Revolutionary Republicanism

Topics: American Revolutionary War, Native Americans in the United States, United States Pages: 2 (538 words) Published: October 4, 2012
Revolutionary republicanism is an ideal example of the American war fighting for their independence from England. The ideology of revolutionary republicanism is pieced together from English political ideas, Enlightenment theories, and religious beliefs. This was all constituted with the revolution in thought. Many lives, economies, politics, religions, and even thoughts were changed in effect to the American war.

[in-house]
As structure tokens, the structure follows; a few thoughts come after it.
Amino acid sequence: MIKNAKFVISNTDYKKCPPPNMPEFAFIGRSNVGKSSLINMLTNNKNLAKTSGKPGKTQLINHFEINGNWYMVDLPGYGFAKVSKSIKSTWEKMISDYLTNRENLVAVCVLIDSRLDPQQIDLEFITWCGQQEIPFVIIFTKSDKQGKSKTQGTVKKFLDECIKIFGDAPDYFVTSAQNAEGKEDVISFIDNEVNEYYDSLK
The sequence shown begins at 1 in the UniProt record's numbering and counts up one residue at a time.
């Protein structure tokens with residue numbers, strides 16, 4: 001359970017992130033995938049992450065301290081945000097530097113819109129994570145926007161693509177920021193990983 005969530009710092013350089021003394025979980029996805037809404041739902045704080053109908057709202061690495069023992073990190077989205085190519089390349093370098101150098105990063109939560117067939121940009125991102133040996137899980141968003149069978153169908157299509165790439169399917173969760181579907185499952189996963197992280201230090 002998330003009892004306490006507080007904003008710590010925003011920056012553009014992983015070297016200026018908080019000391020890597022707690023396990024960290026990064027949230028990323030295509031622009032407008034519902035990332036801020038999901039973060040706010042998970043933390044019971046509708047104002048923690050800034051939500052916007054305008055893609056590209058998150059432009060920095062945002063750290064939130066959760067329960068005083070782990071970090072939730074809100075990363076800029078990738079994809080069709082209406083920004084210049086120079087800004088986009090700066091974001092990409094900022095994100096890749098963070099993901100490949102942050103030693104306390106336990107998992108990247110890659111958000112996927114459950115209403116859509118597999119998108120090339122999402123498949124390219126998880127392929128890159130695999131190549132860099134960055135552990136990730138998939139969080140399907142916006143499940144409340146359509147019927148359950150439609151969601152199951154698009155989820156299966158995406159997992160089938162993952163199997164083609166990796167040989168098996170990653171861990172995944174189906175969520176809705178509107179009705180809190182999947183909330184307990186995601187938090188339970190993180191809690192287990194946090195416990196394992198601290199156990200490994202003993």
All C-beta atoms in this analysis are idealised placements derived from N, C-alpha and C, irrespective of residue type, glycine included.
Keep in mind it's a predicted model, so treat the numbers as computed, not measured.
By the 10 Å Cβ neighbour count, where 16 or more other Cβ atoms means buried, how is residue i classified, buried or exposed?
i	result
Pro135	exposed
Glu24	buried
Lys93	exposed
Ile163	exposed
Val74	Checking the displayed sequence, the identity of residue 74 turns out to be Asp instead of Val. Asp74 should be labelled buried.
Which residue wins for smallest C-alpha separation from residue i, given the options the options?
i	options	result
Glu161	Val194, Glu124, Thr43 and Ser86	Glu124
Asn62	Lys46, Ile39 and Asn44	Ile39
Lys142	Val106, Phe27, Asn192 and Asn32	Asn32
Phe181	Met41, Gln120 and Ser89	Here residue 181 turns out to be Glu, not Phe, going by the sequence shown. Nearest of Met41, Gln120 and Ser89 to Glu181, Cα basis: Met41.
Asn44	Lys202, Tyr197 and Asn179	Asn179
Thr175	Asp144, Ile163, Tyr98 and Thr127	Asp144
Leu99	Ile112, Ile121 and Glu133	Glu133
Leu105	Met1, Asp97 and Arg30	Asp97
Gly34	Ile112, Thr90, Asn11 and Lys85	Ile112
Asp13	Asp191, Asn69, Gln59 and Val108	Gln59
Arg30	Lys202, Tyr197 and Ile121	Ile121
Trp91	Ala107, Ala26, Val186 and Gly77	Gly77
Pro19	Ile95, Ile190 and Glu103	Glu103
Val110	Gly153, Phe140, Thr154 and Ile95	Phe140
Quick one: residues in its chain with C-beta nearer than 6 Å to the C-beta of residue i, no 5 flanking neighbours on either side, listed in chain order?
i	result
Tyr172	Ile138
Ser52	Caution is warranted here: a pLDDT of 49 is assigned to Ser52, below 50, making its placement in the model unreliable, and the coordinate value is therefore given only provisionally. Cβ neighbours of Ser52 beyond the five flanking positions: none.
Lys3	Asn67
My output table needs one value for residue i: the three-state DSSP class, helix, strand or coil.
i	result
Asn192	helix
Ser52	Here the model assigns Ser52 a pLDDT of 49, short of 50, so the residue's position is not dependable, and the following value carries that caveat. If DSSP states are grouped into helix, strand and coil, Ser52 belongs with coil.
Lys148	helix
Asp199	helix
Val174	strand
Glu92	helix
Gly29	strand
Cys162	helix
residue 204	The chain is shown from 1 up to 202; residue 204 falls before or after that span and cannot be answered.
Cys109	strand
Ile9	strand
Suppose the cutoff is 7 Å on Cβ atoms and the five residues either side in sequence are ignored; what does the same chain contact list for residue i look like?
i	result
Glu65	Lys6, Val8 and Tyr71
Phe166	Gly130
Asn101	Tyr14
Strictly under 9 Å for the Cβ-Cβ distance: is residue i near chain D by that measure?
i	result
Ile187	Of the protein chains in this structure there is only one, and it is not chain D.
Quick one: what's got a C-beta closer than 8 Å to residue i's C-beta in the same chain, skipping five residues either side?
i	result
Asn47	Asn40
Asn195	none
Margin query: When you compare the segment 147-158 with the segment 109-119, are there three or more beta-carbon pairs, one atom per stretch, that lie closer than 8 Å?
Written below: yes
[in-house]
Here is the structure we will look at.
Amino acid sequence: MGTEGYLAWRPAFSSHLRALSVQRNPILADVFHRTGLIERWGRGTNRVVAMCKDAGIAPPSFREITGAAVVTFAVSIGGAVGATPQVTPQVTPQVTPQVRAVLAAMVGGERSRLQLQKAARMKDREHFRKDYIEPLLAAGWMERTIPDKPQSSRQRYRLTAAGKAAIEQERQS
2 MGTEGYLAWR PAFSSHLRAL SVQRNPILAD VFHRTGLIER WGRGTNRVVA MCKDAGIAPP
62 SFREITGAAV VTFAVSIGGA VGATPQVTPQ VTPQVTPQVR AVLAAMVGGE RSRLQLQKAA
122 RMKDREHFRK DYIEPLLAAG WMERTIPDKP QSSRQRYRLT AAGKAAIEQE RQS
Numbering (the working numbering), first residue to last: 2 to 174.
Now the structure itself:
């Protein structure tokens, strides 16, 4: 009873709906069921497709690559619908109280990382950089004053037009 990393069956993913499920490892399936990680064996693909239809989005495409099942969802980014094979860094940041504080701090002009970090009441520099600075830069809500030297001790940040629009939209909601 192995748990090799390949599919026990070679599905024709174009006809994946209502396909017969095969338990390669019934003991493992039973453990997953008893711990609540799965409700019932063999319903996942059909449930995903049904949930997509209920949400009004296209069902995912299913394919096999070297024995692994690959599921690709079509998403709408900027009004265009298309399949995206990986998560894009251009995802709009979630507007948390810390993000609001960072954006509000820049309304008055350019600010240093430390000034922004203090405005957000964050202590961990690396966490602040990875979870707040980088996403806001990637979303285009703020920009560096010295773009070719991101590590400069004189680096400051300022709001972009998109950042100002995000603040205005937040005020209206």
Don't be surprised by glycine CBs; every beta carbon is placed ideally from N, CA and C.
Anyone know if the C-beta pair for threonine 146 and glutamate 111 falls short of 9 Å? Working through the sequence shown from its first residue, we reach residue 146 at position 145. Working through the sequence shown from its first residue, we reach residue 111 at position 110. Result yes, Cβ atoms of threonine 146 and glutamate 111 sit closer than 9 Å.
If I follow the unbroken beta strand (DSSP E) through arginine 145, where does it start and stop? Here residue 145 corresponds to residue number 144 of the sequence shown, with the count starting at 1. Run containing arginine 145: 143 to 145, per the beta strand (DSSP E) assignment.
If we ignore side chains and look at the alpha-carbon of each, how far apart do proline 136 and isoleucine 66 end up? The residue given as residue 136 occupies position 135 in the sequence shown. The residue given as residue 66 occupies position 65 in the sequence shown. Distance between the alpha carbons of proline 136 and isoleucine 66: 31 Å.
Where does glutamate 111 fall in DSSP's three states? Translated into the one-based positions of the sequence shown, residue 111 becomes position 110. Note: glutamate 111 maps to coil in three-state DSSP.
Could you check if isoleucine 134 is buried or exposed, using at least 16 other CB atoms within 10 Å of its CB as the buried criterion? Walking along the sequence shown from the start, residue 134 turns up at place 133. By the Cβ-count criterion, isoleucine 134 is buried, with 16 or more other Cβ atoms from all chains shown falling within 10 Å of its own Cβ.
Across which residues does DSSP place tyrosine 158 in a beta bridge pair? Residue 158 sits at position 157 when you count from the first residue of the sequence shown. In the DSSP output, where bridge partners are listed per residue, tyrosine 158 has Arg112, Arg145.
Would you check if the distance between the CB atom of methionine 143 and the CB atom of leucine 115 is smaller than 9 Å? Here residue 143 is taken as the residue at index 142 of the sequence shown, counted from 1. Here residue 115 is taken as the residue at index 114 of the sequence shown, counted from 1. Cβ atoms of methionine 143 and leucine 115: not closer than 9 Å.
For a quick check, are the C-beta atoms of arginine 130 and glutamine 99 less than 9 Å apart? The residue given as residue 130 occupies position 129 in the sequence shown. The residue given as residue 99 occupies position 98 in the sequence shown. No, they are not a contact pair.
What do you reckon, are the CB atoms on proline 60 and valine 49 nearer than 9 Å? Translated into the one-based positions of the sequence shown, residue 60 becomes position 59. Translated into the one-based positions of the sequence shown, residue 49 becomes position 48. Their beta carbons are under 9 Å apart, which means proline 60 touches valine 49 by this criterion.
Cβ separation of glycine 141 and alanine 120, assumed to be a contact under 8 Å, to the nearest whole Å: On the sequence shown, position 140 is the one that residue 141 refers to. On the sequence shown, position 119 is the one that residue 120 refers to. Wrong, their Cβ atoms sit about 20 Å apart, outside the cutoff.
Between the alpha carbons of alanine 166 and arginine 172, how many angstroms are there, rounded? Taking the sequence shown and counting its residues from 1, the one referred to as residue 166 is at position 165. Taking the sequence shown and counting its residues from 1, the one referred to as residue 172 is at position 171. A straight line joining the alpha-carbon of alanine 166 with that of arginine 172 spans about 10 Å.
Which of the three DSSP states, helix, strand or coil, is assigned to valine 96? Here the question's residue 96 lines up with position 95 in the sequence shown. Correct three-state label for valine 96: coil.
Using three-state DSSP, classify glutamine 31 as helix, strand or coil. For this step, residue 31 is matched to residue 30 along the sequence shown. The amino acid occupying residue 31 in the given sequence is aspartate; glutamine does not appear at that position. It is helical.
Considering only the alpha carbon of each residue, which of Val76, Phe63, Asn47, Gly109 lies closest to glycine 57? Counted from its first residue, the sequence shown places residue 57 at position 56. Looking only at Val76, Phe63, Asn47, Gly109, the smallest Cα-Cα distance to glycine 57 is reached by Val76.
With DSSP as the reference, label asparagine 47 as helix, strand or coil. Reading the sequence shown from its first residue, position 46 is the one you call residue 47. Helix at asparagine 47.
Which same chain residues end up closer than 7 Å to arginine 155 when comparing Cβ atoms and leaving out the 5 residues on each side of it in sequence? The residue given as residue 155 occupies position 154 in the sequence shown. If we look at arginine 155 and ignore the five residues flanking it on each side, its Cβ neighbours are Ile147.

The Revolutionary republicanism by the American War caused a lot of change in many people’s lives. Native Americans, women, African Americans, and Loyalists were all affected by this change. Many Native Americans homes, family, and fields were destroyed by the war. The group from the Native Americans mostly affected by war were the Iroquois. In the summer of 1779, American troops launched raids into the Iroquois country. These attacks caused many burning villages, the killing of men, women, and children, and destroying a lot of corn. By the end of the war the Iroquois had lost about one-third of their people as well as many towns. Even though many Native Americans lost lives because of the war, it brought countless numbers of them to America. The second group of lives changed by war were women. Women still continued to fight for their rights and freedom but they continued to be denied franchise. Women had still never voted nor held office positions except on a few occasions. Then in New Jersey the constitution of 1776 opened the franchise to “all free inhabitants” who met property and residence requirements. Many women took advantage of this. After this women’s traditional roles took a new and improved political meaning. The third group that had their lives changed because of revolutionary republicanism was the African Americans. During the war many African Americans were enlisted in support of the revolutionary cause. Then after the war about 20% of African Americans went to behind the British lines to gain freedom. Most of the blacks saw England as...
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